Deanna initially recruited volunteers with an adult education background who had an interest in helping set up the program. As a group, they discussed goals, program directions, and purpose, and slowly the program began to take shape. An important component of the CUPS philosophy is to not duplicate services so Deanna examined other programs closely to see what they offered for the individuals at CUPS.

I knew there were other literacy programs out there, but I realized that the learners at CUPS had different needs. They were coming with mental health issues and frequently were not comfortable in learning settings outside of CUPS. That made this program different … Also in this case, a lot of the folks have experienced emotional trauma in school settings and so our goal is to try to provide a comfortable space where they feel safe and more confident about working on their literacy skills.

In volunteer-tutor adult literacy programs, a positive relationship between the tutor and the learner is one of the key factors in determining ongoing learner engagement and success. Volunteer education is crucial. Deanna constantly improves and refines her volunteer training.[5] As the program continues to gain momentum, Deanna is hopeful that volunteer tutors will be able to access the same professional development that is offered to staff at CUPS. “One of my objectives is to be able to engage the literacy program volunteers in some of the in-house training that we do here at CUPS, for example, the mental health first aid program,” Deanna explained.

The CUPS Adult Literacy Program still has challenges ahead that will determine its potential growth and future success. As Deanna sees it,

Right now referrals are still coming mostly from the one individual who works in the mental health program. That’s one of my challenges — I want to ensure that everyone I work with (there are almost 200 employees at CUPS now) is aware of this program. It’s difficult because we do so much here: health, education, and housing, and under each of those pillars there are many programs. Staff are already looking for appropriate referrals for their participants. I need to brand the literacy program here so staff know that we exist and start to make referrals [as a part of their intake process]. And it’s coming … I’m slowly starting to get referrals from other sources.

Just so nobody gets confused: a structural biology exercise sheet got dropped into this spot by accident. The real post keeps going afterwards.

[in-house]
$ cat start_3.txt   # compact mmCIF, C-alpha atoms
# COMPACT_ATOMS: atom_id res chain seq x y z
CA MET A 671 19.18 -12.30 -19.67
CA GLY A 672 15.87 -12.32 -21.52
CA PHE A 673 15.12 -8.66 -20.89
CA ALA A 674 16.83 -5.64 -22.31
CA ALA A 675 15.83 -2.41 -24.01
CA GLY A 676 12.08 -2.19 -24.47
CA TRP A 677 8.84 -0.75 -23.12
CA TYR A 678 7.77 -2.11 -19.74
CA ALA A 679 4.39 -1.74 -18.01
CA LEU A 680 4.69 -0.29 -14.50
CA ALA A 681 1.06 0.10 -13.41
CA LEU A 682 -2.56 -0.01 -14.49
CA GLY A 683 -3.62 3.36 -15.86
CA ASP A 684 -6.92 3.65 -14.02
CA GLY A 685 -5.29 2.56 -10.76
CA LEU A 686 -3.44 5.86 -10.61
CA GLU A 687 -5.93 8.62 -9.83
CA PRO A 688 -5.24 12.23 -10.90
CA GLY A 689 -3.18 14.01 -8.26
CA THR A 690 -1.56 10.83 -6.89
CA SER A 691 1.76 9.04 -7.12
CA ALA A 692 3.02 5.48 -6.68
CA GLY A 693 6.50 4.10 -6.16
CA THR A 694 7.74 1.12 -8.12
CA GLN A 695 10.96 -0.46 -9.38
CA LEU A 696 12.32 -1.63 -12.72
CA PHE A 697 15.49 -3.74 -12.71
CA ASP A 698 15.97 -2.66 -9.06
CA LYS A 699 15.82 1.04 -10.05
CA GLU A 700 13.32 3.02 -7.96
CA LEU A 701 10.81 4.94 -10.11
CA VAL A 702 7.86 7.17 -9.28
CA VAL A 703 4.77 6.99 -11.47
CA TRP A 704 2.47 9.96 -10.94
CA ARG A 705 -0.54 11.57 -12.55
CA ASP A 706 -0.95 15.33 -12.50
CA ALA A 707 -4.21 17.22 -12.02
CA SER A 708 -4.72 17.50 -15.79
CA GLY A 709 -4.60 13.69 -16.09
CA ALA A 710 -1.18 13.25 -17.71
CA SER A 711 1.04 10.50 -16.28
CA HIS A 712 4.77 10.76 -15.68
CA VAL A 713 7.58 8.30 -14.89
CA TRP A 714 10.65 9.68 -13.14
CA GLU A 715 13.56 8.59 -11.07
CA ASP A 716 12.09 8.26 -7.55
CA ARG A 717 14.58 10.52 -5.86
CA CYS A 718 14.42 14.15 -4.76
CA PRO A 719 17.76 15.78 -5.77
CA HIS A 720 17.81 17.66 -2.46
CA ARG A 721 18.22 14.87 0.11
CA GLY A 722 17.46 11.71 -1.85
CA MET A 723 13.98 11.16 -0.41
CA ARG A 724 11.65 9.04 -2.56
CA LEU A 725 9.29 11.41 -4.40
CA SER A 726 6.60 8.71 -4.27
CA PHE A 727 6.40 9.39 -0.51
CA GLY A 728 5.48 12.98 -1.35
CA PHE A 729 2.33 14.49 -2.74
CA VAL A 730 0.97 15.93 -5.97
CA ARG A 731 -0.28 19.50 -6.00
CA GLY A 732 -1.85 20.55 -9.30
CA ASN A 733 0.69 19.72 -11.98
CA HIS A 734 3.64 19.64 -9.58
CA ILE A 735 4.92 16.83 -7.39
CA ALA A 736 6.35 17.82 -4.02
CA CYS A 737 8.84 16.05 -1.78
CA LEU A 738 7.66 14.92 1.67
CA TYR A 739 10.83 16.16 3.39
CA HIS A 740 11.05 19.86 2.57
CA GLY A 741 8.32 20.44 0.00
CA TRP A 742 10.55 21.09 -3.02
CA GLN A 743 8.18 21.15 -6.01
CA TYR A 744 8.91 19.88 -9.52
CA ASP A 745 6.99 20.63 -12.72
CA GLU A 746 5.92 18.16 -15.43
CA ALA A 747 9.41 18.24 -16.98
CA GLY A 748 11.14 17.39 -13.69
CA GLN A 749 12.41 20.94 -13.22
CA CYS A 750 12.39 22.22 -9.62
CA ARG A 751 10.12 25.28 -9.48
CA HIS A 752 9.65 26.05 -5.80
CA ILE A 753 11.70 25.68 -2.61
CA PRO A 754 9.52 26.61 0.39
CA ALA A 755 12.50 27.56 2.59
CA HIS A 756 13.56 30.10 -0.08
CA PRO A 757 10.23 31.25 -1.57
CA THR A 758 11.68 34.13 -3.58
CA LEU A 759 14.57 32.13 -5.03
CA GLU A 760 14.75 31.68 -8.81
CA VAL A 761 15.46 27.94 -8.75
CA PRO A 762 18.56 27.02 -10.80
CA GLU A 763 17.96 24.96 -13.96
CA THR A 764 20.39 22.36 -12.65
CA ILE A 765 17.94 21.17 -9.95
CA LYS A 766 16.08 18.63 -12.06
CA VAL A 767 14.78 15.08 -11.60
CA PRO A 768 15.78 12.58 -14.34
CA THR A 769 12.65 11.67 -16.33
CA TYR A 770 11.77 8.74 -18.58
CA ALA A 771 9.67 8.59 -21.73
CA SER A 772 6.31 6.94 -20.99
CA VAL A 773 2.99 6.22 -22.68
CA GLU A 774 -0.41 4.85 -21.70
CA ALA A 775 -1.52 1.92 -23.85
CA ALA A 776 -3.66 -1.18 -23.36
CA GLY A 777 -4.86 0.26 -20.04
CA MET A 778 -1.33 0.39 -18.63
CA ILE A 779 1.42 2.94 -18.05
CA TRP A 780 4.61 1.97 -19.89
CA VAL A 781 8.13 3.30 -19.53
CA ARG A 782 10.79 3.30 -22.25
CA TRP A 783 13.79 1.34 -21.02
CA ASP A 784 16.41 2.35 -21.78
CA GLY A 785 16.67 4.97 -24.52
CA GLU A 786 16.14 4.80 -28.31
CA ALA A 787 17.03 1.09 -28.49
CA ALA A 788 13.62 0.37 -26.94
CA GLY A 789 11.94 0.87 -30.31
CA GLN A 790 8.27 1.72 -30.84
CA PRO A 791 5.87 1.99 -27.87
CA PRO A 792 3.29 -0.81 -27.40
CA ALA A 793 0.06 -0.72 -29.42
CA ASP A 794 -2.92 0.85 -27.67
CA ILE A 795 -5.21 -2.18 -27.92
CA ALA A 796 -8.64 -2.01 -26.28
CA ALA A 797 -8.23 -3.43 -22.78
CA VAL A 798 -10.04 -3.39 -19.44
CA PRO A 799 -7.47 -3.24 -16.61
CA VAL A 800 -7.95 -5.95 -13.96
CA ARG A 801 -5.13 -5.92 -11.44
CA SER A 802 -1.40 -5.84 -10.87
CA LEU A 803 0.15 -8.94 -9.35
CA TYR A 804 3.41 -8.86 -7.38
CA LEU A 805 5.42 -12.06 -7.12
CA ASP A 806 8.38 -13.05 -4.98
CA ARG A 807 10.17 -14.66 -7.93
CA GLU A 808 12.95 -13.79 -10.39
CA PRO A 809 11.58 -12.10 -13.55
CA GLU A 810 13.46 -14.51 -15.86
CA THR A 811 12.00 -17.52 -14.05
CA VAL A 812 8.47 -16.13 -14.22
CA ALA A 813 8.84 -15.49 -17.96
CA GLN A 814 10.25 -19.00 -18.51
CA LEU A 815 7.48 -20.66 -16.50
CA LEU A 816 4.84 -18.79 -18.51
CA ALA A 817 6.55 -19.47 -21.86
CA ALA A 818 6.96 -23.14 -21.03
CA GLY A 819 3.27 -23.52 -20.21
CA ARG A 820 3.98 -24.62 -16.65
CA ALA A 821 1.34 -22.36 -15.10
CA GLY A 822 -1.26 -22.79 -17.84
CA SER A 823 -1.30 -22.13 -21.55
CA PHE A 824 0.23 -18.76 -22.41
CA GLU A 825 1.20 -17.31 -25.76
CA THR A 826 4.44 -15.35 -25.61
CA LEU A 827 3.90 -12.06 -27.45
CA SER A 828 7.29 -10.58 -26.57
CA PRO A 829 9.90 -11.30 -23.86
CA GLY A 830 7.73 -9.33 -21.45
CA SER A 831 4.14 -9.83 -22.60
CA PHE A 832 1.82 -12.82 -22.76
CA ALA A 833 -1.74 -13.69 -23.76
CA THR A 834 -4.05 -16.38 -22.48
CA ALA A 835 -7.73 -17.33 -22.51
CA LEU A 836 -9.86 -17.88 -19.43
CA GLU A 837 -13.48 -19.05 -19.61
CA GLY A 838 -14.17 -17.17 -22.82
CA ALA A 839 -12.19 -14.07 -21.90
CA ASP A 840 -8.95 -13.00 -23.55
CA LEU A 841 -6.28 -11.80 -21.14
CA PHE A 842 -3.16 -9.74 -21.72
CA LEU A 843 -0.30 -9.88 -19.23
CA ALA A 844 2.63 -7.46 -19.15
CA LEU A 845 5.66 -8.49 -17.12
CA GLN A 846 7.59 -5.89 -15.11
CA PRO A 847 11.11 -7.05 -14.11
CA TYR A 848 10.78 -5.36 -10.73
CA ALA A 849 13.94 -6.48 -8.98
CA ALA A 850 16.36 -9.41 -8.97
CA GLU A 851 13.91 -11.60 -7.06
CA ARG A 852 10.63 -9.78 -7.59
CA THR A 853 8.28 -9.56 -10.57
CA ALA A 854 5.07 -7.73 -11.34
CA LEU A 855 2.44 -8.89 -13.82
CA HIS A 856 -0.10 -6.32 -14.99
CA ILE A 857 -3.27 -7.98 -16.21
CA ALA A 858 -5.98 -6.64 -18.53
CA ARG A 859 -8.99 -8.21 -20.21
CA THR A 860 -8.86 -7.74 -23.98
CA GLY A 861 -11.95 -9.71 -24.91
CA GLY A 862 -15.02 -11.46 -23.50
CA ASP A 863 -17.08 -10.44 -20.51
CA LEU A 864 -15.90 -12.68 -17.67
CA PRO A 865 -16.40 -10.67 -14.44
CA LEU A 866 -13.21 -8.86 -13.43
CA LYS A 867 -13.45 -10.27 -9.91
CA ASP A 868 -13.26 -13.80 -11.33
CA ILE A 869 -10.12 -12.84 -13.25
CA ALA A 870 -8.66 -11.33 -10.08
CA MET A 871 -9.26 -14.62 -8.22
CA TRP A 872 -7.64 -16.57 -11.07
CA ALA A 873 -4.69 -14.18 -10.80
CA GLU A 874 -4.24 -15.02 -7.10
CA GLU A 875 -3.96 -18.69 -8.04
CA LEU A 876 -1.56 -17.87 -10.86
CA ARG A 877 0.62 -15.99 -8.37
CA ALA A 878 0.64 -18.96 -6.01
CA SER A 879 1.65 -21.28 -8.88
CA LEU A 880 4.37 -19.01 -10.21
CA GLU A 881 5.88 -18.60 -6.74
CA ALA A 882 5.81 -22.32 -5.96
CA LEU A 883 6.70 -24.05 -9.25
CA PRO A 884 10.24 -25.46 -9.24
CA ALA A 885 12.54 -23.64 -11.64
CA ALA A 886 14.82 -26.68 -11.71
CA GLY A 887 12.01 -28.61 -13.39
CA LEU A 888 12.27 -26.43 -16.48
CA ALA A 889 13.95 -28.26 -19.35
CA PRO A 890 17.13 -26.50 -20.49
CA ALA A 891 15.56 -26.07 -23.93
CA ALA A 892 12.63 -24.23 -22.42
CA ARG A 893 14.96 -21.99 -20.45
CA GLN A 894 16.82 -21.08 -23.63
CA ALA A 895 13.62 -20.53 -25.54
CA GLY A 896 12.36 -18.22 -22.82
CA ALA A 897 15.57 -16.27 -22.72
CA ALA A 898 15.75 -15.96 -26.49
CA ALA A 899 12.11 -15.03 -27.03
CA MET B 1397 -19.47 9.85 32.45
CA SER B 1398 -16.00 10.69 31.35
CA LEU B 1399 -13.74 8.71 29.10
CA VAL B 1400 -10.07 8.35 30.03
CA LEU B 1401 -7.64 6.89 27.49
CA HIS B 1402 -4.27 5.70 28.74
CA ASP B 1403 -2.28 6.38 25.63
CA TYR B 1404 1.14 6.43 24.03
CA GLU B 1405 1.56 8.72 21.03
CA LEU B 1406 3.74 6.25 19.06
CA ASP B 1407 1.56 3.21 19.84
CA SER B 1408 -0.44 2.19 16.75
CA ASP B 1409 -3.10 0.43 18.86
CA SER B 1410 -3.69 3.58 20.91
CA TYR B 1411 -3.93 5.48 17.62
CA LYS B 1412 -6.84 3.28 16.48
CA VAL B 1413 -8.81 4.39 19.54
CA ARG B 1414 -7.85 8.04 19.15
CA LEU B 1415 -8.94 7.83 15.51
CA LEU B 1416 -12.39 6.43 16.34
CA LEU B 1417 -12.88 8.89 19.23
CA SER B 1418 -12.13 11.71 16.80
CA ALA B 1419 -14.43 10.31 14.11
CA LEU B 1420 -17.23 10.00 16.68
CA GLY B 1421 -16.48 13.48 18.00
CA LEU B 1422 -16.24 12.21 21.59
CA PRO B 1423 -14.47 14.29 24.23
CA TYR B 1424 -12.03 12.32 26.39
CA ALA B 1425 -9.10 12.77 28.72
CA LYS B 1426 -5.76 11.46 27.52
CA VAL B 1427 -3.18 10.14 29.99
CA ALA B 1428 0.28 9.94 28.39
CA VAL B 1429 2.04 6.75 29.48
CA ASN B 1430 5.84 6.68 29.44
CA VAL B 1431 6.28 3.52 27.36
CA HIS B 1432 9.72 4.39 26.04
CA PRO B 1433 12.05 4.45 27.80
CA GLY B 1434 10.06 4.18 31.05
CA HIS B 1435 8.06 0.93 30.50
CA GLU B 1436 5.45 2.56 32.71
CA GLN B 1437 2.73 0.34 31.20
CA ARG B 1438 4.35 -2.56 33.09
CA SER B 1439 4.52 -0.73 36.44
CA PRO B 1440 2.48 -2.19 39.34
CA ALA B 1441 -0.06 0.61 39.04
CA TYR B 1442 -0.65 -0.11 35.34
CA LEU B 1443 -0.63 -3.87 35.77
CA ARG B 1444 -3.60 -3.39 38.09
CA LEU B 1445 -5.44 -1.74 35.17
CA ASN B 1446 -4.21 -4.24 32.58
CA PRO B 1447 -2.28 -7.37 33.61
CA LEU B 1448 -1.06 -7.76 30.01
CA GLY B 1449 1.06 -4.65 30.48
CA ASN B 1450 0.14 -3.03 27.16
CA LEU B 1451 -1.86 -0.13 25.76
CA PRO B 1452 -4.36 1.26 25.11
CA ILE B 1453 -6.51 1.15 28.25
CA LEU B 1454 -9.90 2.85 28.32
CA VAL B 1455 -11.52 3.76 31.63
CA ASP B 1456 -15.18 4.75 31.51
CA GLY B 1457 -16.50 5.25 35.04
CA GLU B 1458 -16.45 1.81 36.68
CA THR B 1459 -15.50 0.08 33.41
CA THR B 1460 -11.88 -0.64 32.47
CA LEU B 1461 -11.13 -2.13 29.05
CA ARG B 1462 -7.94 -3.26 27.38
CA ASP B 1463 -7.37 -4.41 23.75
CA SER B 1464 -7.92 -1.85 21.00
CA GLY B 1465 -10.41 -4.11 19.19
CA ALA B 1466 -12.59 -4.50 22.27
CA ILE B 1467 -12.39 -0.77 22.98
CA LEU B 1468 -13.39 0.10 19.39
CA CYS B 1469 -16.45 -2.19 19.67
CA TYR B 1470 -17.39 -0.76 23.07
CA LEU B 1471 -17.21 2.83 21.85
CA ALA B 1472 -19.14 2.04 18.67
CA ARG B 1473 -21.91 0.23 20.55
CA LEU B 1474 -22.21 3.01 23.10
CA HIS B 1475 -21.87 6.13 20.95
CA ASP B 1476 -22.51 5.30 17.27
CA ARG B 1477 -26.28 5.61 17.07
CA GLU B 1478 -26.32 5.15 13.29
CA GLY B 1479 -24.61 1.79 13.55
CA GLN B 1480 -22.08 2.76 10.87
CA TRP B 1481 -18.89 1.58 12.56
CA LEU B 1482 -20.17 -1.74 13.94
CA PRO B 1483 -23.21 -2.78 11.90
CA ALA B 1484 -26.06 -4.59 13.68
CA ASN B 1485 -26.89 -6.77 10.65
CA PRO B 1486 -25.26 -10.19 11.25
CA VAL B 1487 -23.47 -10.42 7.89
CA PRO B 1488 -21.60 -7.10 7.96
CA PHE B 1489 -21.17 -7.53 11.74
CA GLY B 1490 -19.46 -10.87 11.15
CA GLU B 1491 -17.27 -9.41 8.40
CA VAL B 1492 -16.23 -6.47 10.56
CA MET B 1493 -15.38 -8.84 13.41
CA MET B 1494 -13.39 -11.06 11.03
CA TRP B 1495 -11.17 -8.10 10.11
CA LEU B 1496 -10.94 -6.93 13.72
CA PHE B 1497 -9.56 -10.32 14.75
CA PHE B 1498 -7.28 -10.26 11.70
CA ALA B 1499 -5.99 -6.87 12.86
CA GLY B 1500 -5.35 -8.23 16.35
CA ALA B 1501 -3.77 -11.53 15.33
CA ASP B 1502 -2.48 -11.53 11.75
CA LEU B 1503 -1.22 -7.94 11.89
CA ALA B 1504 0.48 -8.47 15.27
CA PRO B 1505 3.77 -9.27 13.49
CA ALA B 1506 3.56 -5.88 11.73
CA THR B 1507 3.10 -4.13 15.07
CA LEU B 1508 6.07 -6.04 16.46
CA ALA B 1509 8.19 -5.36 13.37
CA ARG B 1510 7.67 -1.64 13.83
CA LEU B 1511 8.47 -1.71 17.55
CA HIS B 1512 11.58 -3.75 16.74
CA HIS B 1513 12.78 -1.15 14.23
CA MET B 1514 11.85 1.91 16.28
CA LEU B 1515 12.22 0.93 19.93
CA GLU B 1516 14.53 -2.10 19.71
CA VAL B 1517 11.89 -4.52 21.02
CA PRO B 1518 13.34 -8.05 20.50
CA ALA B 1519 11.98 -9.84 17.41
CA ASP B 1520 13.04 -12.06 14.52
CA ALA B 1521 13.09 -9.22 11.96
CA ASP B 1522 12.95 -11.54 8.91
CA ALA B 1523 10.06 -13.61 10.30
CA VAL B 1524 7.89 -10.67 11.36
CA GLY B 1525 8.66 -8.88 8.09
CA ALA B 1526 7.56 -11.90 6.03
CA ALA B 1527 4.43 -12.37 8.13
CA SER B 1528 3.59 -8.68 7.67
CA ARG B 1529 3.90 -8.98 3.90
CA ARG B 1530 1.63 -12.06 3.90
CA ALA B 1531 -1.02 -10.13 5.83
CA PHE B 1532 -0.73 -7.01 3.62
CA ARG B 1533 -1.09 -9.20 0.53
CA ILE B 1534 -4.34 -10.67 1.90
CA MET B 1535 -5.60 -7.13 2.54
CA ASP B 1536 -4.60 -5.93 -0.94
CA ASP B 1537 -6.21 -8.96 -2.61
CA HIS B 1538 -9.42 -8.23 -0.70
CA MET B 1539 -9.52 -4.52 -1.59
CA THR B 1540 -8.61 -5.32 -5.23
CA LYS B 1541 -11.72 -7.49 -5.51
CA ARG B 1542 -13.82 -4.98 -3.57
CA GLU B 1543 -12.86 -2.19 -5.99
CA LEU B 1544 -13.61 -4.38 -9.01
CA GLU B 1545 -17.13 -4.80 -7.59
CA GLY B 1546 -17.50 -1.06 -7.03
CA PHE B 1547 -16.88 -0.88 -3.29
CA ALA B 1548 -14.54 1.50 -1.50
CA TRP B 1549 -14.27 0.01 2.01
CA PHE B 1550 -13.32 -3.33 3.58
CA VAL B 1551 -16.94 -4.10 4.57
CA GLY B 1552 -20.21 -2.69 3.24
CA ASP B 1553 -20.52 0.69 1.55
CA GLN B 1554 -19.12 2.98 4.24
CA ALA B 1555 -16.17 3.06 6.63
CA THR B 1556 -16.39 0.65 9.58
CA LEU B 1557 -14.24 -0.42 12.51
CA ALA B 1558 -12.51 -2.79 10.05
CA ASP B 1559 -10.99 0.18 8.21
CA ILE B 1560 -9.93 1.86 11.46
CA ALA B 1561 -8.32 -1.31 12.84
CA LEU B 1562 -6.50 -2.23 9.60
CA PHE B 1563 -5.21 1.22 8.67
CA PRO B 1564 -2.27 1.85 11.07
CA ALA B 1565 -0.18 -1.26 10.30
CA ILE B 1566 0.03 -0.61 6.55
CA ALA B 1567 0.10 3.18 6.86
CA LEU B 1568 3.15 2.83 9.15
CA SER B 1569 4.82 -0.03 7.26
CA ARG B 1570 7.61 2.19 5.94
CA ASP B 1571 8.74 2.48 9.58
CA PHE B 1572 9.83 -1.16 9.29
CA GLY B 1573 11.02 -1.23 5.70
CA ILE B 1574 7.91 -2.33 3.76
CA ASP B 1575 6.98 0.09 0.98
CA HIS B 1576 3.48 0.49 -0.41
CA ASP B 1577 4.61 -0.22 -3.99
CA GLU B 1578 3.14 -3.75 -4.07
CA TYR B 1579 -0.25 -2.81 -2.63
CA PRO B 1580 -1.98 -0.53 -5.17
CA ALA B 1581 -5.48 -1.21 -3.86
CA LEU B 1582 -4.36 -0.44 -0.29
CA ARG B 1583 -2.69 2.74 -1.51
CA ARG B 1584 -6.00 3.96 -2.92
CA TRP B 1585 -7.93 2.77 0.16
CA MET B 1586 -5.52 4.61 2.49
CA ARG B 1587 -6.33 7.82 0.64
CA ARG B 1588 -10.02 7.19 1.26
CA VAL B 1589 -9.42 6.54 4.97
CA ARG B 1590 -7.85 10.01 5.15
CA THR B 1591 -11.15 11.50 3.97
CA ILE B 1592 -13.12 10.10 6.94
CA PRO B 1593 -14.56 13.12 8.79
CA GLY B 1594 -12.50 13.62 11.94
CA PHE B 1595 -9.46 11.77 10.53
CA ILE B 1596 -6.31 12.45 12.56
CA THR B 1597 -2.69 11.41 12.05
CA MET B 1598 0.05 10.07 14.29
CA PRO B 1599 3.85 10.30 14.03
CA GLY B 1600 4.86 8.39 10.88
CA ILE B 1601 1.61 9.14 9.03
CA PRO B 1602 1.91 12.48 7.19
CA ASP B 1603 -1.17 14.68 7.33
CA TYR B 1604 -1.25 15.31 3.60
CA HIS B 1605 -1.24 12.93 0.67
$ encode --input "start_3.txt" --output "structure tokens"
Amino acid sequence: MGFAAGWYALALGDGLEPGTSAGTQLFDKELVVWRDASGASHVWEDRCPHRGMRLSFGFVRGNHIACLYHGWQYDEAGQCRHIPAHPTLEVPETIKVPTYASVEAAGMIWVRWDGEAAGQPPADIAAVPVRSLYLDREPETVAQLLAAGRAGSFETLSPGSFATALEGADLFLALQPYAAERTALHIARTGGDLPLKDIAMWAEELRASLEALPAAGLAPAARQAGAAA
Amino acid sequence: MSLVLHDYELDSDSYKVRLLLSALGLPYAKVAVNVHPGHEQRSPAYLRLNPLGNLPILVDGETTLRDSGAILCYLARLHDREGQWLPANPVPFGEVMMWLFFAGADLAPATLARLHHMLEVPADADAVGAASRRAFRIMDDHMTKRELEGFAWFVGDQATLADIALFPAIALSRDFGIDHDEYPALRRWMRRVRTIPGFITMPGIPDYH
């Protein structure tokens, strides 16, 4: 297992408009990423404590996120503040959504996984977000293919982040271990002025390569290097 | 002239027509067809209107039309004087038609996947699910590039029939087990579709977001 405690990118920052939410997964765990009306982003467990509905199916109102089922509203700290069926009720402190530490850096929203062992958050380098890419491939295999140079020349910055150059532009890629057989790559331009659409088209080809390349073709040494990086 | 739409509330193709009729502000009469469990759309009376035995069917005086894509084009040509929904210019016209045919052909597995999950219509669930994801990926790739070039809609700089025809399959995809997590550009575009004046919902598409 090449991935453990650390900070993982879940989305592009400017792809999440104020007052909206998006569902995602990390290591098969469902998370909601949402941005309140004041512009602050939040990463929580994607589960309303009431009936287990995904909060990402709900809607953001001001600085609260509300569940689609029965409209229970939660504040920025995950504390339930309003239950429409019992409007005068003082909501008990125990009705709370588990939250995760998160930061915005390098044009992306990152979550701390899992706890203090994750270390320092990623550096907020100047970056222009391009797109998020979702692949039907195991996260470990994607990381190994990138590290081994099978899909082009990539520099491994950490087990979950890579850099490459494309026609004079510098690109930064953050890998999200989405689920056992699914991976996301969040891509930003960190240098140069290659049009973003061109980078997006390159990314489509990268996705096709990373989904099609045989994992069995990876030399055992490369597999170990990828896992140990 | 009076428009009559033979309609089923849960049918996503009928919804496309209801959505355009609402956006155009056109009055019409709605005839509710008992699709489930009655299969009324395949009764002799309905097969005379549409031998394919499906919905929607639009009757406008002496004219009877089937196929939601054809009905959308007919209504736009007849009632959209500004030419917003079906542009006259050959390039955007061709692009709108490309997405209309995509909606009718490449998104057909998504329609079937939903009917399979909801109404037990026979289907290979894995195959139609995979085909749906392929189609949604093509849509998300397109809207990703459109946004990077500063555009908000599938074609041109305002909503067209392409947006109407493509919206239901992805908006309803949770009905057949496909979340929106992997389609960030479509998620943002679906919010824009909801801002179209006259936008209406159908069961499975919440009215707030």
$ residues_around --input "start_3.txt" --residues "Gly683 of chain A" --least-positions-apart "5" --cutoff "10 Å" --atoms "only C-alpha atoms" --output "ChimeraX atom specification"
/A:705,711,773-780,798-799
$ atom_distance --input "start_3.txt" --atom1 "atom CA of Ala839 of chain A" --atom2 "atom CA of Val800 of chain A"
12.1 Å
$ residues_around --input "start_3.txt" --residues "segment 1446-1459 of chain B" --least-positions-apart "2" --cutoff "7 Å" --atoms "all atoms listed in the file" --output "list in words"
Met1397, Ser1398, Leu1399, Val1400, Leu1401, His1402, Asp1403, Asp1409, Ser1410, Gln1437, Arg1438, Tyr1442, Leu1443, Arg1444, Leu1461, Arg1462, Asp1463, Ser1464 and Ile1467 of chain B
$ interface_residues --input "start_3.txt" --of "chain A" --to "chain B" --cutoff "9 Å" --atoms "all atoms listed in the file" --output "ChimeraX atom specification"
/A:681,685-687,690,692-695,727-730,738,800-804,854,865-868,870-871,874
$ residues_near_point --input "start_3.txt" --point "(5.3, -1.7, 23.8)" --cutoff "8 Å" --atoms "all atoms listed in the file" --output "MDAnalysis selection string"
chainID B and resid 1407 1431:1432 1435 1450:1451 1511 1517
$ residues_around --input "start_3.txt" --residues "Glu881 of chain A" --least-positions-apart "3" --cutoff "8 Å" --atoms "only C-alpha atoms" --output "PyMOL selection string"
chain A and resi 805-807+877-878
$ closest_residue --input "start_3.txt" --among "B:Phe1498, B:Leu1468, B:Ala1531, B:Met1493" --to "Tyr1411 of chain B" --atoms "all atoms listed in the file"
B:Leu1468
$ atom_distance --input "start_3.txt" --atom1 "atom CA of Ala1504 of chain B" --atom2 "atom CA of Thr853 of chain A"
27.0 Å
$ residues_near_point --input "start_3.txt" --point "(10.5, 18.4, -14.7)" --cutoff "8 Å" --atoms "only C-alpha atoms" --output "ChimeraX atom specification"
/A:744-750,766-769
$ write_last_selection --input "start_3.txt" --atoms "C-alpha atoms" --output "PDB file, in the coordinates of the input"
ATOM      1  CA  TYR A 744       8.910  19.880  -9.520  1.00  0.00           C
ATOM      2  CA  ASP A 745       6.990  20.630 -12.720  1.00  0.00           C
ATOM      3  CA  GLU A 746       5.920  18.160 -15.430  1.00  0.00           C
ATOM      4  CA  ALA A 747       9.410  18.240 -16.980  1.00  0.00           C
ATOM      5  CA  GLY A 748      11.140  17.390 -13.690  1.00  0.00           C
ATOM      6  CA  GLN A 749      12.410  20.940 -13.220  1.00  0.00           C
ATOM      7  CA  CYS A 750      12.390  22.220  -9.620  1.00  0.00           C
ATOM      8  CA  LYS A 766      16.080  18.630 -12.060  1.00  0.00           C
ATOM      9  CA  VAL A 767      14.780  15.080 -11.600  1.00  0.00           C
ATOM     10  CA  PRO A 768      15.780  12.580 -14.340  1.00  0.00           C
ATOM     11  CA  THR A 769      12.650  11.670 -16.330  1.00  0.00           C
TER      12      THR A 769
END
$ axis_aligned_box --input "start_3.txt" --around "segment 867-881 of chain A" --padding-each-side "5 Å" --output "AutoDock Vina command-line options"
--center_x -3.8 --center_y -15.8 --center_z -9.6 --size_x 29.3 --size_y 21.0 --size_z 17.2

Deanna has come a long way from finding a volunteer to help a CUPS client improve their reading skills. Providing a safe space for learning, nurturing positive tutor-student relationships, creating effective tutor training and supervision, and exploring innovations in volunteer recruitment: CUPS, under Deanna’s leadership, is well on its way to developing an effective adult literacy program to serve nontraditional learners.

Lifeline to Literacy: An Inclusive Adult Literacy Program at Bow Valley College

Learners and Instructor Debra King displaying clothesline of art.

Learners and Instructor Debra King displaying clothesline of art.

The classroom fills slowly with men and women of different ages and nationalities. Several have visible disabilities. Many of the adult learners have come directly from their day jobs, the tiredness visible on their faces. People greet one another enthusiastically as they enter and set up their desks in a semi-circle. The walls of the room are covered in student art and writing. This is the Lifeline to Literacy program, an evening adult literacy class with a difference.

Debra King, the class instructor, explains how the program works: